The Kairos Blanket Exercise will now be part of the training for every RCMP cadet, like Matt Plaskett, left, and Habeeb Shah, who recently underwent the exercise at the RCMP Academy in Regina. Photo courtesy of RCMP

RCMP adopt new tool for reconciliation

By 
  • January 13, 2018
REGINA, Sask. – Canada’s national police force has begun using Kairos’ Blanket Exercise in an effort to help its officers improve relations with Indigenous peoples.


Every Royal Canadian Mounted Police cadet will now be exposed to the Blanket Exercise during their training at the Regina-based RCMP Academy. The aim is to give officers a better understanding of Indigenous people and their history.

“It’s a history lesson, but it’s a participatory history lesson,” said Ed Bianchi, program manager with Kairos, the faith-based social justice organization of 10 Canadian churches — including the Catholic Church — and religious organizations.

For the exercise, participants adopt the roles of Indigenous people. They stand on blankets that represent the land and a narrator takes them through the eras of first contact with Europeans up to today and the issues confronting the relationship between Indigenous and settlers.

“So in an hour and a half the participants go through the history of the relationship between Indigenous and non-Indigenous people in Canada, they go through pre-contact, contact, colonization, resistance and at the end we deal with more contemporary issues like reconciliation,” said Bianchi.

The exercise, by sharing this history, creates healing and empathy.

“We call it a heart and mind exercise because not only are (participants) being educated about the history, they are also being helped, the exercise helps them to care about what they are learning,” said Bianchi. “It has the capacity to change the way people think about these issues.”

It’s no secret that relations between Indigenous people and police forces across Canada have been strained. Many issues are getting an airing at the Missing and Murdered Indigenous Women and Girls Inquiry that is criss-crossing the nation.

One of the main complaints is that police have failed to take the disappearance of Indigenous women seriously.

It wasn’t difficult to get the RCMP on board with the Blanket Exercise, said Bianchi. Kairos’ people in Alberta generated some interest among local RCMP officials, and that interest grew last spring as participants relayed positive feedback.

“They started getting more requests and eventually the frequency of those requests reached the national office.”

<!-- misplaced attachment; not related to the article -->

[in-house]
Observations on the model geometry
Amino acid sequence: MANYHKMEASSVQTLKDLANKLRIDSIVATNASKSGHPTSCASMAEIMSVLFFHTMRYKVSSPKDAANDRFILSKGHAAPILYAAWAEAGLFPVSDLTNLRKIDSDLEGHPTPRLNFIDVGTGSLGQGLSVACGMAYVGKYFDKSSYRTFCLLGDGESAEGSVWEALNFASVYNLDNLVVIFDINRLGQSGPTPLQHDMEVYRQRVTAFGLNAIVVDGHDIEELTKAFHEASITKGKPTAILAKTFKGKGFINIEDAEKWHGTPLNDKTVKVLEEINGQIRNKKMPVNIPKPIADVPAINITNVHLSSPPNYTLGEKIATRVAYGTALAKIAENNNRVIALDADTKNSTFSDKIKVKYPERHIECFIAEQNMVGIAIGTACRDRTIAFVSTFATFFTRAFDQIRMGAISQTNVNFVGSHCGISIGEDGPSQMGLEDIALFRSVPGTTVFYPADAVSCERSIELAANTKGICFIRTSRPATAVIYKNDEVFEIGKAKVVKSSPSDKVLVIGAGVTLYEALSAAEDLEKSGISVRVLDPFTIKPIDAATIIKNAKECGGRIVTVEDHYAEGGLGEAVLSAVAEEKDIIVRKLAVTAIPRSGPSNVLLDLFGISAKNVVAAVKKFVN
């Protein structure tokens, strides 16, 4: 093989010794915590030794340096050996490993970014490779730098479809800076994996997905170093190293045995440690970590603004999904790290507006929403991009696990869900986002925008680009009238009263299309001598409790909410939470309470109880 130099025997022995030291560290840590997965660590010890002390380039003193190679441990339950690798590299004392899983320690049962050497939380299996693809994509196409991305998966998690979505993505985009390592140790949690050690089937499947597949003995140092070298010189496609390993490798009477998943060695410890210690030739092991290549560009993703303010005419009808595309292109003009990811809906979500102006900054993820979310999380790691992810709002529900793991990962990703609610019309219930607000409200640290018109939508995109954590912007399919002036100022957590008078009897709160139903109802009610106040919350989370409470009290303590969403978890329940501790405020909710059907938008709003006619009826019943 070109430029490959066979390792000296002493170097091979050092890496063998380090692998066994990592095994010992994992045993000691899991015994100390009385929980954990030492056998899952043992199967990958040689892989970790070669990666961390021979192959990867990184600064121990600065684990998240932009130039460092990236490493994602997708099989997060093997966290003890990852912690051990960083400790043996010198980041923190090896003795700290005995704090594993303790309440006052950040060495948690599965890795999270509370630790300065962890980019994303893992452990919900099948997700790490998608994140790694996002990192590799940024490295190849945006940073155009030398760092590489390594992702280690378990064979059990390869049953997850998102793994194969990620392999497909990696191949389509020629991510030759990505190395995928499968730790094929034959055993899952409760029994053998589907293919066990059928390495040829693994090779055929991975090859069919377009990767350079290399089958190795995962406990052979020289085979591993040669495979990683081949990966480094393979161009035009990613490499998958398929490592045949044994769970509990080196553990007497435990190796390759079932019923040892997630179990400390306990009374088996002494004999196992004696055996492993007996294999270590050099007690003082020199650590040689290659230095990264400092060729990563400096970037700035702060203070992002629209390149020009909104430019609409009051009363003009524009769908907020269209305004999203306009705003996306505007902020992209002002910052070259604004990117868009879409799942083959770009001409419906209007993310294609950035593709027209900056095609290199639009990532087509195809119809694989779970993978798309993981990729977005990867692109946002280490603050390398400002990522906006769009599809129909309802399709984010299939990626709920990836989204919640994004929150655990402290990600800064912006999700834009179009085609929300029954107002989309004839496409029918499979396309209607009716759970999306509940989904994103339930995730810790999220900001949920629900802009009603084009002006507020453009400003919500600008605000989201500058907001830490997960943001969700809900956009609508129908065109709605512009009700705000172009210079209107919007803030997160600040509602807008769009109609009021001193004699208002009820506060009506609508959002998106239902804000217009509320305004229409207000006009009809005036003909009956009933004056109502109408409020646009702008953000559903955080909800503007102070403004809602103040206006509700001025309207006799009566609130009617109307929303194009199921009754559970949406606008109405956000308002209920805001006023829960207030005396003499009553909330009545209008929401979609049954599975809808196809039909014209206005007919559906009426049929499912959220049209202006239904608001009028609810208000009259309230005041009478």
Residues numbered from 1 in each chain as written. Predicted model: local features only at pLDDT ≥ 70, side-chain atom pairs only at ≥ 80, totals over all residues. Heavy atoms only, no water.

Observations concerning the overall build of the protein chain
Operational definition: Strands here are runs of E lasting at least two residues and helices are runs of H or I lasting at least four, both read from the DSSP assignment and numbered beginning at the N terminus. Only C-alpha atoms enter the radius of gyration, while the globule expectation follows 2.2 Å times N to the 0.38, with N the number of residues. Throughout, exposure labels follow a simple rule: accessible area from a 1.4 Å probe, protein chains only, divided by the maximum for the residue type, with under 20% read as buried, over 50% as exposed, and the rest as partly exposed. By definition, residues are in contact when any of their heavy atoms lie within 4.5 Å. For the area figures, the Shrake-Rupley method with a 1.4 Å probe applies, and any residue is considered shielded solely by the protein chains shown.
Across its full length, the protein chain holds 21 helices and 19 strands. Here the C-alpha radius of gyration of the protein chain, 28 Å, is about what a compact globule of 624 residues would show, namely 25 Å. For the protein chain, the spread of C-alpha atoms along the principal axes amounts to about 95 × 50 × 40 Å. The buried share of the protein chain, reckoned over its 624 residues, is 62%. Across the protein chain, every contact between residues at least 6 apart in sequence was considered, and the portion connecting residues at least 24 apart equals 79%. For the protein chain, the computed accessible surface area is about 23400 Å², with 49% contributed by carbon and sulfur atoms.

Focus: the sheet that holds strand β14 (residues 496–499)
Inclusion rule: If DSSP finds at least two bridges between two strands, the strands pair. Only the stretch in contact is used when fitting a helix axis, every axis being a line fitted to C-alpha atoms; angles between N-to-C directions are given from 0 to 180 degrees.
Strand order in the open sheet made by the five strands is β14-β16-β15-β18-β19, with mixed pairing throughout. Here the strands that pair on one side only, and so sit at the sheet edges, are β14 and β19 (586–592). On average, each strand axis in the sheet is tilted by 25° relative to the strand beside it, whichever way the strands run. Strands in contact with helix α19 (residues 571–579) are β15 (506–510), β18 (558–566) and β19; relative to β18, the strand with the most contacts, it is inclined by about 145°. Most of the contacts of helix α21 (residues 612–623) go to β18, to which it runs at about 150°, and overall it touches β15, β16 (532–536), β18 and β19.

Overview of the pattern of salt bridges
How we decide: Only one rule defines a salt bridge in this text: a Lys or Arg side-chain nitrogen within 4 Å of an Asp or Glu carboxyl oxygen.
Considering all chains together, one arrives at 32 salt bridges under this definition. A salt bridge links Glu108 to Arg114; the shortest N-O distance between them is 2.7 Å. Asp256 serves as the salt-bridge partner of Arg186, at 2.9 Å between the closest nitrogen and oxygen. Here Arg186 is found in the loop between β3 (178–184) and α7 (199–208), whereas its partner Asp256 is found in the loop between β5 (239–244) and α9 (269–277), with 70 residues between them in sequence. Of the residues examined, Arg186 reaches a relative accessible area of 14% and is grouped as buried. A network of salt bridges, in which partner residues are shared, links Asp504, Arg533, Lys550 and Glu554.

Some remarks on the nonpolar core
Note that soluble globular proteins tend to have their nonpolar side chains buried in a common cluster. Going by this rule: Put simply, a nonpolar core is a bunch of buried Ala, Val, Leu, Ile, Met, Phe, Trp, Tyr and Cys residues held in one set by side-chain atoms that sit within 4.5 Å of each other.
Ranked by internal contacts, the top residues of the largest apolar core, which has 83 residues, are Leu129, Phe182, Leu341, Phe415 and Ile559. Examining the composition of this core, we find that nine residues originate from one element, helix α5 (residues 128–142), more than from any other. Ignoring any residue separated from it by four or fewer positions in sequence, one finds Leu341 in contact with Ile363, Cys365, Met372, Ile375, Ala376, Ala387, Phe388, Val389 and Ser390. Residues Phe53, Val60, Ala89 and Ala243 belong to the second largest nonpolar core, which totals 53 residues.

“Instructors agreed after completing the exercise that it will be a great tool to further educate and engage cadets in Indigenous history,” said Nathalie Fehr, the curriculum designer at the RCMP Academy.

Fehr said the RCMP has always provided training on how to deal with all kinds of cultures in Canada, including Indigenous people. But this exercise delivers the message in a different way.

“We thought it was a great way to present (the history) in a more creative way,” said Fehr.

Three troops have already undergone the exercise, and cadets have enjoyed the experience, she said. “It gives them tools and skills when they leave here, because it’s very close to the end of training, to take to their different detachment areas.”

Through its own assessment of the program, Kairos has seen the effect on the officers who have gone through the exercise. Bianchi said they now have a better understanding of the context when dealing with Indigenous people.

He noted one officer said he now knows to ask the right questions, such as instead of asking what’s wrong with the person, ask them instead where they are from and what happened to them. Bianchi said little nuances can make a world of difference in the interaction.

“It’s remarkable in the sense that (the Blanket Exercise) experience can make such a difference,” said Bianchi.
It’s a step in the right direction toward repairing the strained relationship, he added.

“Reconciliation happens in many places and takes many forms,” he said. “This is one example of what reconciliation looks like. It’s a tool that we’re using to start the conversation that’s required to bring about reconciliation.”

(Conlon is a writer in Regina.)

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